Recently, I spent a few hours at the Shubert Theater in New York City learning about and listening to Shure’s new Axient wireless system. Officially referred to as a “wireless management network,” it’s a forward-thinking system that incorporates Shure’s latest innovations in wireless technology. As such, I thought it would be interesting to share what I learned about the challenges of wireless operations in the crowded RF world and examine some of the technology behind this advanced product.
When I think of a wireless system, I am reminded of the obvious ones: Madonna onstage with a headset mic, Slash running around with his guitar or even Tommy Lee spinning upside down in his drum kit while still doing background vocals. What you might not consider are the headaches involved with having 25 wireless mics onstage at a huge Broadway show, a dozen open mics at a late-night national television performance or even just a few mics at a local church or school play. What do they all have in common, aside from “no cables?” They must be failsafe during the show, sound great and have a long battery life, but also should not suffer from dropouts and interference caused by an ever-crowded market of competing wireless signals.
Something that we “wired” folks don’t have to worry about is the intense competition for the same spectrum of allocated wireless frequencies. Throw in government regulations and regulatory changes, broadband internet, the potential addition of millions of handheld smartphones, digital television and unknown future products, and you realize how big a challenge this is. However, Shure has pulled a few tricks out of its sleeve to deal with these problems with its Axient system.
The AXT400 dual-channel receiver, AXT100 bodypack transmitter and AXT handheld transmitter can deliver a package that provide onscreen alerts when interference is detected and move to a clear frequency in a few milliseconds. The AXT 400’s interference-detection circuitry will also discover even the smallest changes in RF signal quality and, when warned, allow the engineer to manually move to the chosen backup frequency. It also features ShowLink Remote control for real-time wireless transmitter adjustments of things like frequency assignments, RF mute enabling and RF power output changes. It has advanced squelch suppression so that the system will never spit white noise out into the room, something I heard demonstrated onstage at the Shubert. Also, with the AXT610 ShowLink Access Point, you can have a wireless network connection between linked transmitters and receivers (up to 16), allowing for real-time network control over wider coverage areas. You can control even more transmitters by adding more Access Points.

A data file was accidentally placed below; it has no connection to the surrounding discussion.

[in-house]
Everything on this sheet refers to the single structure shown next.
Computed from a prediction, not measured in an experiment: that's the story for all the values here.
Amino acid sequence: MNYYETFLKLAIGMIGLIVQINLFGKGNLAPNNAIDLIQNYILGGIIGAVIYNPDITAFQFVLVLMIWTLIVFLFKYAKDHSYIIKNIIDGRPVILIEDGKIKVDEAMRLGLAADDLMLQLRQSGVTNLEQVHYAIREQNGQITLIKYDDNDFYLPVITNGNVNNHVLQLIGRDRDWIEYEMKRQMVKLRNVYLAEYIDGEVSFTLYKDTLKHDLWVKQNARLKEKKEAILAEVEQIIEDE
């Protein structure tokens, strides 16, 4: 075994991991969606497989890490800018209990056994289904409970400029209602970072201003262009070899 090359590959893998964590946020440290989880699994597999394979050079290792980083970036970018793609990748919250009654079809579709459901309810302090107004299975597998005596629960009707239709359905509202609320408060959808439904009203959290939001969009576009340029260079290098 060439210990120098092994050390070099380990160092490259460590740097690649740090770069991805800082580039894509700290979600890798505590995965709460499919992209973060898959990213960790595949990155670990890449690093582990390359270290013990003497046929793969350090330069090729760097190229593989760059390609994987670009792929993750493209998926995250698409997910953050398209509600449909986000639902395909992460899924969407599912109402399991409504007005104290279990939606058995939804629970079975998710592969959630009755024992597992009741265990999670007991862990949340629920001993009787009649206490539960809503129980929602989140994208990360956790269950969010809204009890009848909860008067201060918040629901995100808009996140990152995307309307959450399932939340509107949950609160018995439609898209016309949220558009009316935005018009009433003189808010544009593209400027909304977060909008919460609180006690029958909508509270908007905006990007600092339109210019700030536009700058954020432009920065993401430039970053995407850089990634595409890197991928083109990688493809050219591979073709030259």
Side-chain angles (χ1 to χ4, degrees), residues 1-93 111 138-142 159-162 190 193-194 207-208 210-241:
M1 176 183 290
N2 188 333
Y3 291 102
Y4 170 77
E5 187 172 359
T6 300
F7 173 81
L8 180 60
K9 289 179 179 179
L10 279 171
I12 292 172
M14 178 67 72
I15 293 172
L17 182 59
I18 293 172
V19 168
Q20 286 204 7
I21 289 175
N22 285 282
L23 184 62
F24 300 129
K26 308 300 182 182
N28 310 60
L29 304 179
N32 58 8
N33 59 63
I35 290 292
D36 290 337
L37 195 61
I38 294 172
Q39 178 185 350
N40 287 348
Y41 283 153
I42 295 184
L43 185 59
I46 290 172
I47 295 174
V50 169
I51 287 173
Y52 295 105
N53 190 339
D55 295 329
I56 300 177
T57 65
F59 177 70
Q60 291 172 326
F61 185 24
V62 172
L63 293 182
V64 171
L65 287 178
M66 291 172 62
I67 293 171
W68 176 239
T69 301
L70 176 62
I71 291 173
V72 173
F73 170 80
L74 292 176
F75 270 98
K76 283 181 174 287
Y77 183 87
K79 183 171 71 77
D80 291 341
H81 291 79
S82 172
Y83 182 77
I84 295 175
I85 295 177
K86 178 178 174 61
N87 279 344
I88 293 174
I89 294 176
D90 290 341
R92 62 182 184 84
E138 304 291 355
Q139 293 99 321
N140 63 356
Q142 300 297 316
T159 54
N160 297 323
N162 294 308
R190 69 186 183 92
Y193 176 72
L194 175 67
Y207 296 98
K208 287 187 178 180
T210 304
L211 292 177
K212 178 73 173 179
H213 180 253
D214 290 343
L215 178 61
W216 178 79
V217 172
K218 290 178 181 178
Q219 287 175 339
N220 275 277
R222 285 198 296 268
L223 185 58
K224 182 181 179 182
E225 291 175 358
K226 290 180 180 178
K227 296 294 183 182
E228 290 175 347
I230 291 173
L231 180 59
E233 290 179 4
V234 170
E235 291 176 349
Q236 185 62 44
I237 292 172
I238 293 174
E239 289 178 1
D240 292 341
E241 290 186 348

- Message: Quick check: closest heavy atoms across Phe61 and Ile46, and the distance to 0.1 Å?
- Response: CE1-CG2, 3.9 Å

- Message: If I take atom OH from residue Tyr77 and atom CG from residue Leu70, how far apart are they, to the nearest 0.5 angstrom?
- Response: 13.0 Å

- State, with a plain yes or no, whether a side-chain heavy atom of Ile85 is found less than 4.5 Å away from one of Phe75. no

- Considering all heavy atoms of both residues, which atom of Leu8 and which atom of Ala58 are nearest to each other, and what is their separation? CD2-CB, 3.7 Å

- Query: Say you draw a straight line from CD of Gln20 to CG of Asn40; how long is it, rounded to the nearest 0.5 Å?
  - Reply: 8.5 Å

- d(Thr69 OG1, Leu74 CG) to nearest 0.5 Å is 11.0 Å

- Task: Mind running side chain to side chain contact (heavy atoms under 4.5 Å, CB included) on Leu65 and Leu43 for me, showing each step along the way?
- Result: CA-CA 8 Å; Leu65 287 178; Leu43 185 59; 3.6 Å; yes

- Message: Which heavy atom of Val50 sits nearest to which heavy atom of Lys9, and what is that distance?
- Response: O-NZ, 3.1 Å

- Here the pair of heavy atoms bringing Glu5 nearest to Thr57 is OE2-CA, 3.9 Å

PAR Technology Glossary- SHURE AXIENT
BODYPACK: A compact wireless transmitter worn on the user’s clothing or concealed under a costume
DUAL CHANNEL: Two independent receivers in one chassis, which share a common antenna and power connection
FREQUENCY DIVERSITY: Transmitting the same audio signal on two different frequencies at the same time, so that if one frequency is interfered with, the audio signal is still present on the other
IMD: Intermodulation distortion; the phenomenon by which two transmitters on different frequencies can cause interference for a transmitter on a third frequency
LINKED TRANSMITTERS AND RECEIVERS: A transmitter and receiver that can make coordinated frequency changes as a pair
RF: Radio frequency energy
SQUELCH: A circuit that mutes the receiver’s audio output when the radio signal is briefly interrupted; prevents bursts of noise or static from being heard
ZIGBEE: An IEEE standard for Personal Area Networks, which allows the short-range transmission of data.
[*All terms are defined in reference to the Axient system by Shure engineers and developers. — Ed.]
With the AXT600 Spectrum Manager, the backup frequency assignments mentioned above can be made automatically. The 1U Spectrum Manager does wideband UHF spectrum scanning and frequency coordination and will help deliver critical information for allocating the best available frequencies to the relevant channels. Additional system components include the AXT620 Ethernet Switch, a 9-port switch for networking Axiom Systems; the AXT630 Antenna Distribution System for extra RF protection and optimal performance; and the AXT900 Rack Mount Charging Station for tour-ready battery charging and battery health information. There are also a variety of bodypack and handheld charging modules, batteries and so on.
Last but not least is something called Wireless Workbench 6 for Windows and MAC OSX. This event planning and control software was developed with the Axient system and allows for comprehensive system coordination, monitoring and control ... all from a laptop. There are many other small but important details that help define this system, such as the ability to simultaneously transmit on two independent frequencies, the inclusion of analog FM technology for super-low latency, 40 to 18 kHz frequency response and even batteries with onboard microchips able to display accuracy to within 15 minutes of remaining life. Overall, I was highly impressed with the deep passion that the Shure engineers and their development team had about this product, and the end result shows. It’s obvious that the Axient is a highly intelligent, well thought out system, ready to tackle anything from a fullblown tour at Madison Square Garden to a Madison, Wisconsin town meeting.
Rich Tozzoli is a producer/engineer, a composer and the software editor for PAR.